During the SAT, students are expected to read a passage, answer questions about it, and move on quickly to the next passage. There's very little time to apply the skills that make reading enjoyable. Further, students who already struggle with reading report feeling overwhelmed by passages that seem long or confusing and questions that seem tricky; the time pressure makes it all seem even more difficult.
Doing well on the Critical Reading section of the SAT requires a.) knowing several basic tactics for answering the questions, and b.) knowing vocabulary words that can help guide students to the right answers. Mastering these tactics and understanding these words can take as little as four to eight lessons, with independent practice in between.
My students complete tutoring ready to approach the Critical Reading section calmly and with confidence.
I have completed a graduate program for certification as a special education teacher. I have applied for state certification, and expect to receive it in June 2014.
I have student taught at both the elementary and secondary levels -- 16 darling third graders and 37 wonderful 9th-12th grade students. These students had cognitive delays, emotional and behavioral disorders, and specific learning disabilities. They needed help with language processing, study skills, sequencing, and motivation.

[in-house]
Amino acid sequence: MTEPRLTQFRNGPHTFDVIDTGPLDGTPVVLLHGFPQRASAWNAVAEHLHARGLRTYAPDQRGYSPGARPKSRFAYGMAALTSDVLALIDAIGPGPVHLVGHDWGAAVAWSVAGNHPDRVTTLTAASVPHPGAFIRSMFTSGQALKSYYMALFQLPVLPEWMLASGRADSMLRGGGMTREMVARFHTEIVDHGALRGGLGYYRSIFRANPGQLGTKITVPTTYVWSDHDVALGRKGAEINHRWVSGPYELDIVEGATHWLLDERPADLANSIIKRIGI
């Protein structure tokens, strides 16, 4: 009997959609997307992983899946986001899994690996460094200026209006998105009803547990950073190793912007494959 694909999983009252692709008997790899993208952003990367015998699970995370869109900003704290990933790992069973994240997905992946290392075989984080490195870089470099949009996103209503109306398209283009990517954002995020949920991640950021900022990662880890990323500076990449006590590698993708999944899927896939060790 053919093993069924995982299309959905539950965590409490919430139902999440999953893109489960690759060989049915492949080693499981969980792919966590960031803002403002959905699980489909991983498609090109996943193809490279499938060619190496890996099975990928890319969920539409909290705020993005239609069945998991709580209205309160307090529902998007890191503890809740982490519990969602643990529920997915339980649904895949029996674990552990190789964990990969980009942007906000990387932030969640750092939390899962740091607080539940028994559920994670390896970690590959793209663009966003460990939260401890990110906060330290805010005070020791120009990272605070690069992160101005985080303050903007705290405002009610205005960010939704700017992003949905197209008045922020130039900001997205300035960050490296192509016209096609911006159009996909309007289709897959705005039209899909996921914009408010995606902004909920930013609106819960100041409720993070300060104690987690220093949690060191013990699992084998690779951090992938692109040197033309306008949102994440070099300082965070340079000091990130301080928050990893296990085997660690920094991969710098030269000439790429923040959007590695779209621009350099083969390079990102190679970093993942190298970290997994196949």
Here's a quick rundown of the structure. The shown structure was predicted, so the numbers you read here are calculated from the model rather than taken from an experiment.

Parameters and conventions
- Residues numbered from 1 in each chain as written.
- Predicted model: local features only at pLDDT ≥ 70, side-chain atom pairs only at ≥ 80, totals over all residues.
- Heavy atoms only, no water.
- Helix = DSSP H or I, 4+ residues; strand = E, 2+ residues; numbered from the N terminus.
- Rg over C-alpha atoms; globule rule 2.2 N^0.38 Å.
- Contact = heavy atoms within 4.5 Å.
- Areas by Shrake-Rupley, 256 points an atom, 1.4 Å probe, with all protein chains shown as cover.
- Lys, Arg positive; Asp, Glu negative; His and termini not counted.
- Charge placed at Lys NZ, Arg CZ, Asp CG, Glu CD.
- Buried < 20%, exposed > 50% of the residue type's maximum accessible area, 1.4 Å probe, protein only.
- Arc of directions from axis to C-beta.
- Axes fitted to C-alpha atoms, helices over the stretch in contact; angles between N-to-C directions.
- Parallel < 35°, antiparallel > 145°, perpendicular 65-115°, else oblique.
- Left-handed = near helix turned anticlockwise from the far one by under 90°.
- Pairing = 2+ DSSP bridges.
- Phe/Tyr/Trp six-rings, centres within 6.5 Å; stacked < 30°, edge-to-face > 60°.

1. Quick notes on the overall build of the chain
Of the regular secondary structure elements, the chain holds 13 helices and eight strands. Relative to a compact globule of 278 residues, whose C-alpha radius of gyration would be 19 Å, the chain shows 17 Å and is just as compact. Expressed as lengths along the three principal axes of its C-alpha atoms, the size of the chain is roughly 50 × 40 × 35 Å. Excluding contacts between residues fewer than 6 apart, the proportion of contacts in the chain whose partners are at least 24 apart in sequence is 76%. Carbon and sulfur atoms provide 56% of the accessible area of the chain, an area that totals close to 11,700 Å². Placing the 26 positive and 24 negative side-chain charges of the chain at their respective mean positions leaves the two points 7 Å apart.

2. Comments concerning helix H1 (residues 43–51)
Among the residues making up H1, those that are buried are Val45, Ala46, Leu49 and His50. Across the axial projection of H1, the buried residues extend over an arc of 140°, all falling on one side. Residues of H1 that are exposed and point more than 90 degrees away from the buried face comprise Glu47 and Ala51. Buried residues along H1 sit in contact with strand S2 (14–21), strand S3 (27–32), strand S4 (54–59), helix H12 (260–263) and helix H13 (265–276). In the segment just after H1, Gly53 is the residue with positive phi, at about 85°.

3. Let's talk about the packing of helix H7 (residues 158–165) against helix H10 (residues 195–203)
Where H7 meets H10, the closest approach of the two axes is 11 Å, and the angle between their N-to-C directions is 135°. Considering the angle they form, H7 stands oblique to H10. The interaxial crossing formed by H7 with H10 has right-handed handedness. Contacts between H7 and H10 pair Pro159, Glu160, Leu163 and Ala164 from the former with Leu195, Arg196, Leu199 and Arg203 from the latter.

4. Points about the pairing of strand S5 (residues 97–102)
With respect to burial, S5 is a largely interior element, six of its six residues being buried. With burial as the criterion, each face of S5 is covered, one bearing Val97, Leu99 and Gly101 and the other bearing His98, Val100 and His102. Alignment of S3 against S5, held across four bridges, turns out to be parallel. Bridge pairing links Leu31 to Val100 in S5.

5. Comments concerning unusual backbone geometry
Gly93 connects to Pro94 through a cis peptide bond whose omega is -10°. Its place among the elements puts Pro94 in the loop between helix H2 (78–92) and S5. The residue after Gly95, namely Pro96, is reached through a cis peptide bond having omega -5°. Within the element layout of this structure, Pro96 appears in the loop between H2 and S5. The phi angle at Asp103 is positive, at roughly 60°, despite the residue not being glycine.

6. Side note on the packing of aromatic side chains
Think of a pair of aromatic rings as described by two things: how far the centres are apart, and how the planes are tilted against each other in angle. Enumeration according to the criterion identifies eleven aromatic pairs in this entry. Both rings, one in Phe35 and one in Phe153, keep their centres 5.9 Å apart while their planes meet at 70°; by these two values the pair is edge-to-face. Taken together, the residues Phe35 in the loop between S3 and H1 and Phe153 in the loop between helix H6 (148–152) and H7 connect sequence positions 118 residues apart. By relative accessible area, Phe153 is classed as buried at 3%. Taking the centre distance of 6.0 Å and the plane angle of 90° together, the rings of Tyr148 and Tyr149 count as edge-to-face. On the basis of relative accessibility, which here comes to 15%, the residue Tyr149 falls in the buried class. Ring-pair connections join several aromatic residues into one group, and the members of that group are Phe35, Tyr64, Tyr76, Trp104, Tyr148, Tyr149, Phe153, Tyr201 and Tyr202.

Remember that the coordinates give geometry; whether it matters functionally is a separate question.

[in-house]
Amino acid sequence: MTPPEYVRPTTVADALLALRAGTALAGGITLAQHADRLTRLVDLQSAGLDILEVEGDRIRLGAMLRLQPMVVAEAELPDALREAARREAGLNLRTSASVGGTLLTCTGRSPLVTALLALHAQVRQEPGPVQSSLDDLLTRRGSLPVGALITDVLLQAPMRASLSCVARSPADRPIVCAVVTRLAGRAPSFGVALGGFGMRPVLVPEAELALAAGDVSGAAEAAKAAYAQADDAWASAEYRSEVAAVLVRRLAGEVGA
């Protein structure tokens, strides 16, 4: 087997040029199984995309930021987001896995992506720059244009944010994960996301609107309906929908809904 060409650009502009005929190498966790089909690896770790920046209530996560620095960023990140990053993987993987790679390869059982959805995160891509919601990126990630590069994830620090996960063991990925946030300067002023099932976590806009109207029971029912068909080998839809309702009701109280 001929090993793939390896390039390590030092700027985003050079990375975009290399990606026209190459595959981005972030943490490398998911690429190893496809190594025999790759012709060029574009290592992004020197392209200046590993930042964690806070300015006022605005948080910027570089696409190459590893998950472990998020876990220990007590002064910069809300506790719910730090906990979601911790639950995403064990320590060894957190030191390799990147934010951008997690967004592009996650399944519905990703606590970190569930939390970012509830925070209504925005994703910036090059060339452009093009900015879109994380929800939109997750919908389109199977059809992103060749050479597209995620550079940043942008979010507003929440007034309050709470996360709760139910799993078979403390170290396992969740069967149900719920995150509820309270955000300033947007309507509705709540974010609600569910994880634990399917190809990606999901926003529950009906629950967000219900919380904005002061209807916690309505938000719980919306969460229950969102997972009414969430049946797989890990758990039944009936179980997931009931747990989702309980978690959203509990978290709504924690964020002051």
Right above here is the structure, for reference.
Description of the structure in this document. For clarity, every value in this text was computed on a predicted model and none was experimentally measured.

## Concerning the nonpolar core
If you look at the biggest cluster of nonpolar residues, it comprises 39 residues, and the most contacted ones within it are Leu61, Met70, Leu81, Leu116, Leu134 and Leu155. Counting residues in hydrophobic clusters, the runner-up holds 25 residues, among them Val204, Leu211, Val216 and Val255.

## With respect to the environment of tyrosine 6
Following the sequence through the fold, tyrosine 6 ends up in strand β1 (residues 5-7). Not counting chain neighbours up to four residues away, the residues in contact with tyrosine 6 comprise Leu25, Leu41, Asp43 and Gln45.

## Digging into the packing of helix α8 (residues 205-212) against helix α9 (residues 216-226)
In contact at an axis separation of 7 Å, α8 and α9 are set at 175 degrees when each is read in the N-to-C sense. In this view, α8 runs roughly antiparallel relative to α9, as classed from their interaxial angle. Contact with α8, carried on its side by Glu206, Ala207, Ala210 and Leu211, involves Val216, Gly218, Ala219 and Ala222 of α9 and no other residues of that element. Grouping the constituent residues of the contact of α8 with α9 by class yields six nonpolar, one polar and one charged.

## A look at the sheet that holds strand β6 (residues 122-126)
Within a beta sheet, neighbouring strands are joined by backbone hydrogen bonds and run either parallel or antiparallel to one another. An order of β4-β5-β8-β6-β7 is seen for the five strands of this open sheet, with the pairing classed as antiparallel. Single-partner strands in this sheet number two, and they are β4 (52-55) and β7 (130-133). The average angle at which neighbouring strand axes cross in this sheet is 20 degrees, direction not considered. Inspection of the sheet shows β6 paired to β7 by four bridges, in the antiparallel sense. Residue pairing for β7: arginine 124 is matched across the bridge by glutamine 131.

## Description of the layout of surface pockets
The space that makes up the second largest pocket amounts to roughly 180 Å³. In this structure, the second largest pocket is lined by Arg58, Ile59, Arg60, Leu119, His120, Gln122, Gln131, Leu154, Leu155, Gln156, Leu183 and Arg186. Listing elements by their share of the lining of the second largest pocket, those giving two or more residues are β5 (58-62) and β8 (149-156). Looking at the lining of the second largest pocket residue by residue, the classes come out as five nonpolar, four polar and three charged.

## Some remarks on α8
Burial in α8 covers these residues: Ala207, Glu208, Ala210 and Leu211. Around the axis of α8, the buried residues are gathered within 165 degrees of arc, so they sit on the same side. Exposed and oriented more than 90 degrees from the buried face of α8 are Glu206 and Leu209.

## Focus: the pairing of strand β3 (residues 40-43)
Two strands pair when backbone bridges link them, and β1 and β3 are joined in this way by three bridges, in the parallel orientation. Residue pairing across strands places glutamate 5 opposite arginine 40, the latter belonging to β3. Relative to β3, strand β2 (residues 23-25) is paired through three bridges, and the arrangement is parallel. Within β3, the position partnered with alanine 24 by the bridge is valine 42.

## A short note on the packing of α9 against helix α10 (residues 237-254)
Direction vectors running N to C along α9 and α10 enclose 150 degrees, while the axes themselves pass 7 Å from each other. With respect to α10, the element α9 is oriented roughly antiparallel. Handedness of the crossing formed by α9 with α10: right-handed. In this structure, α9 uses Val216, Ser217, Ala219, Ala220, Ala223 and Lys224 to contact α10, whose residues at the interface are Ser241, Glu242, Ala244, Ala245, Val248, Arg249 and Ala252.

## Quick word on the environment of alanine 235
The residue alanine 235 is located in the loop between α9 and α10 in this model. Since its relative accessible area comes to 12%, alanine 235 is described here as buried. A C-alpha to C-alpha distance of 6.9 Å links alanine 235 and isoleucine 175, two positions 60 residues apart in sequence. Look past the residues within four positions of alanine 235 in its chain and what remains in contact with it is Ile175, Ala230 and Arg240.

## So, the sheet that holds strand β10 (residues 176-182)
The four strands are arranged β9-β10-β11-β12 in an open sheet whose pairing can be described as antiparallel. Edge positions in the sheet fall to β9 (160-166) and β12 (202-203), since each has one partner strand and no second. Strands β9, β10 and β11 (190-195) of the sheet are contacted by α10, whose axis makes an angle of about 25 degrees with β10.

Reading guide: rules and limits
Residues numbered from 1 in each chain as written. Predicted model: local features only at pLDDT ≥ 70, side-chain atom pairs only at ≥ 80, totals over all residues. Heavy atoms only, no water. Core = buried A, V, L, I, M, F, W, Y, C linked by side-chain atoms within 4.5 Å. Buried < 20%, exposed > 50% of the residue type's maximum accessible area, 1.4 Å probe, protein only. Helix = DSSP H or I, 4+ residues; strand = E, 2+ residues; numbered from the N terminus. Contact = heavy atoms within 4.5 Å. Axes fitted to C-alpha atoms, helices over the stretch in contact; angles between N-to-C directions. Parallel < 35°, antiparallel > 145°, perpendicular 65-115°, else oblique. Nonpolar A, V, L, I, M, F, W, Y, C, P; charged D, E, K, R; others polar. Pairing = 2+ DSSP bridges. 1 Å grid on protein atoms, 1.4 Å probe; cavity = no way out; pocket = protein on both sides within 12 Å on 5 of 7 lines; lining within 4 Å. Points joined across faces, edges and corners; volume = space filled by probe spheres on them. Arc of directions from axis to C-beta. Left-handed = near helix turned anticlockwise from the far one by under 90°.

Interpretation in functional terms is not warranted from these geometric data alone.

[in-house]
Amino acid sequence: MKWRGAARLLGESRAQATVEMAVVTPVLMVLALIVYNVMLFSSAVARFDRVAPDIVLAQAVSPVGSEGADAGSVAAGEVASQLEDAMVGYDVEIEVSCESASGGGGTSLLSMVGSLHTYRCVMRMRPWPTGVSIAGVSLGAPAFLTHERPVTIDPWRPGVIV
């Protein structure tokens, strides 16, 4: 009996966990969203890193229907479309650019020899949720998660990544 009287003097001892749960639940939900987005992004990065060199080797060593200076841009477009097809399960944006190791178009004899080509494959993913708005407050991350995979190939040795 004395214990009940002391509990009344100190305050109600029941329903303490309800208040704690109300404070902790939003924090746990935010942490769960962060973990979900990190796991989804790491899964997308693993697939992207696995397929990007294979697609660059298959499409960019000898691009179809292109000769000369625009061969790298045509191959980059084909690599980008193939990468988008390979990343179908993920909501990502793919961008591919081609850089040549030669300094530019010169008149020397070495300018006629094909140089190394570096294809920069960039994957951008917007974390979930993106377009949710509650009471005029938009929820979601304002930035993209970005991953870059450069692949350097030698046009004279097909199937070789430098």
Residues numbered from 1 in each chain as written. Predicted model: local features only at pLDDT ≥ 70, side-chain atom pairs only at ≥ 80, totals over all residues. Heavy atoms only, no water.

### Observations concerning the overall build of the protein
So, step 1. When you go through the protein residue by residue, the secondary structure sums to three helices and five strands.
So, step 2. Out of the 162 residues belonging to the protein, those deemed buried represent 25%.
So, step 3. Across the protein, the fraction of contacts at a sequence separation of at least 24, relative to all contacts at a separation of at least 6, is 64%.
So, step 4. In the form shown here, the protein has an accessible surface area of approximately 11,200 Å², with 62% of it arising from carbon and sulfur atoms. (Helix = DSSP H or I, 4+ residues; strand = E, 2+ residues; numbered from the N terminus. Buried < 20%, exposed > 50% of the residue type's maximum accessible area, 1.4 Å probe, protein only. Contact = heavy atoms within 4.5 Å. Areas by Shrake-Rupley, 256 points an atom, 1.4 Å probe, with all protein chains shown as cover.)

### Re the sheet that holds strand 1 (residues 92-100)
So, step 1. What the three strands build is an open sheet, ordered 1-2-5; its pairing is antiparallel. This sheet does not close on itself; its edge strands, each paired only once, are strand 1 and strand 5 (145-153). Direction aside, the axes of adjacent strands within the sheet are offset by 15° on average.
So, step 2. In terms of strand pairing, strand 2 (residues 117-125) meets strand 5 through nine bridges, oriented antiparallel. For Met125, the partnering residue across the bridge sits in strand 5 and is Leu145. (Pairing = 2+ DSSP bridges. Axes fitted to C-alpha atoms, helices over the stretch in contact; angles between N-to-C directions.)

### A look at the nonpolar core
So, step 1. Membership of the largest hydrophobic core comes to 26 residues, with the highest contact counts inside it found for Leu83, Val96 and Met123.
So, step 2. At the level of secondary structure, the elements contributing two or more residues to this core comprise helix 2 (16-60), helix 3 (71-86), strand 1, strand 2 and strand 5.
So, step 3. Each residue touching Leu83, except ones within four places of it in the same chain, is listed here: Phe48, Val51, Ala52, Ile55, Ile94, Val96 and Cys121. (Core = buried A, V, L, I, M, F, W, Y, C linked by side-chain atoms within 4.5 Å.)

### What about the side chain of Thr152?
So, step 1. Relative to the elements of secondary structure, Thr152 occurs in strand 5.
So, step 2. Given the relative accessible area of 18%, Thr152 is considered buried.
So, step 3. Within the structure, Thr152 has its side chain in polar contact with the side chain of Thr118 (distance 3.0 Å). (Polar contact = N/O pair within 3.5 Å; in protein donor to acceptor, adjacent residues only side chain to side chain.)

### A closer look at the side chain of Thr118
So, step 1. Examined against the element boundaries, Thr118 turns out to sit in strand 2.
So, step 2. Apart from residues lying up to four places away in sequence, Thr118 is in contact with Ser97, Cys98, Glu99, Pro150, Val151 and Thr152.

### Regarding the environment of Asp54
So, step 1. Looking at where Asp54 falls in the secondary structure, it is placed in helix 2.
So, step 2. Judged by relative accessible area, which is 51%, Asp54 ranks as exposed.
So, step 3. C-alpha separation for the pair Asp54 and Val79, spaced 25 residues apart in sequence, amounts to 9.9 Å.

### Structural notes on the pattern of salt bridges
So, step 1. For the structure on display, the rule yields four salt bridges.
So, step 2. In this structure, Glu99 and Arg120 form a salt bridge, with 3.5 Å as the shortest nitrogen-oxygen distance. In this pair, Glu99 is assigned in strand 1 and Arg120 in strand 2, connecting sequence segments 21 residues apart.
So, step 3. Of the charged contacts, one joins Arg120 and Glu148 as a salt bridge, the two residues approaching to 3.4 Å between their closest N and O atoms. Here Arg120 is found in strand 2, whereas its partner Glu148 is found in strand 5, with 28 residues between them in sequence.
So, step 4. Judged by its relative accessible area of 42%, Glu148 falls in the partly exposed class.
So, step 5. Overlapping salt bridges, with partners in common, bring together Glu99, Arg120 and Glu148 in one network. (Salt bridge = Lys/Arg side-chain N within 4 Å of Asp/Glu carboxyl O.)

I taught math, reading and writing to my third graders. At the high school level, I planned and taught two daily English classes, two math classes and one biology class. At both levels, my lessons were based on Common Core State Standards and employed only evidence-based instructional methods. I made sure that my lessons were both interesting AND genuinely challenging. Because teaching reading and writing comes naturally to me, I'm proudest of the high level of academic success my high school students achieved in math and biology -- mostly A's!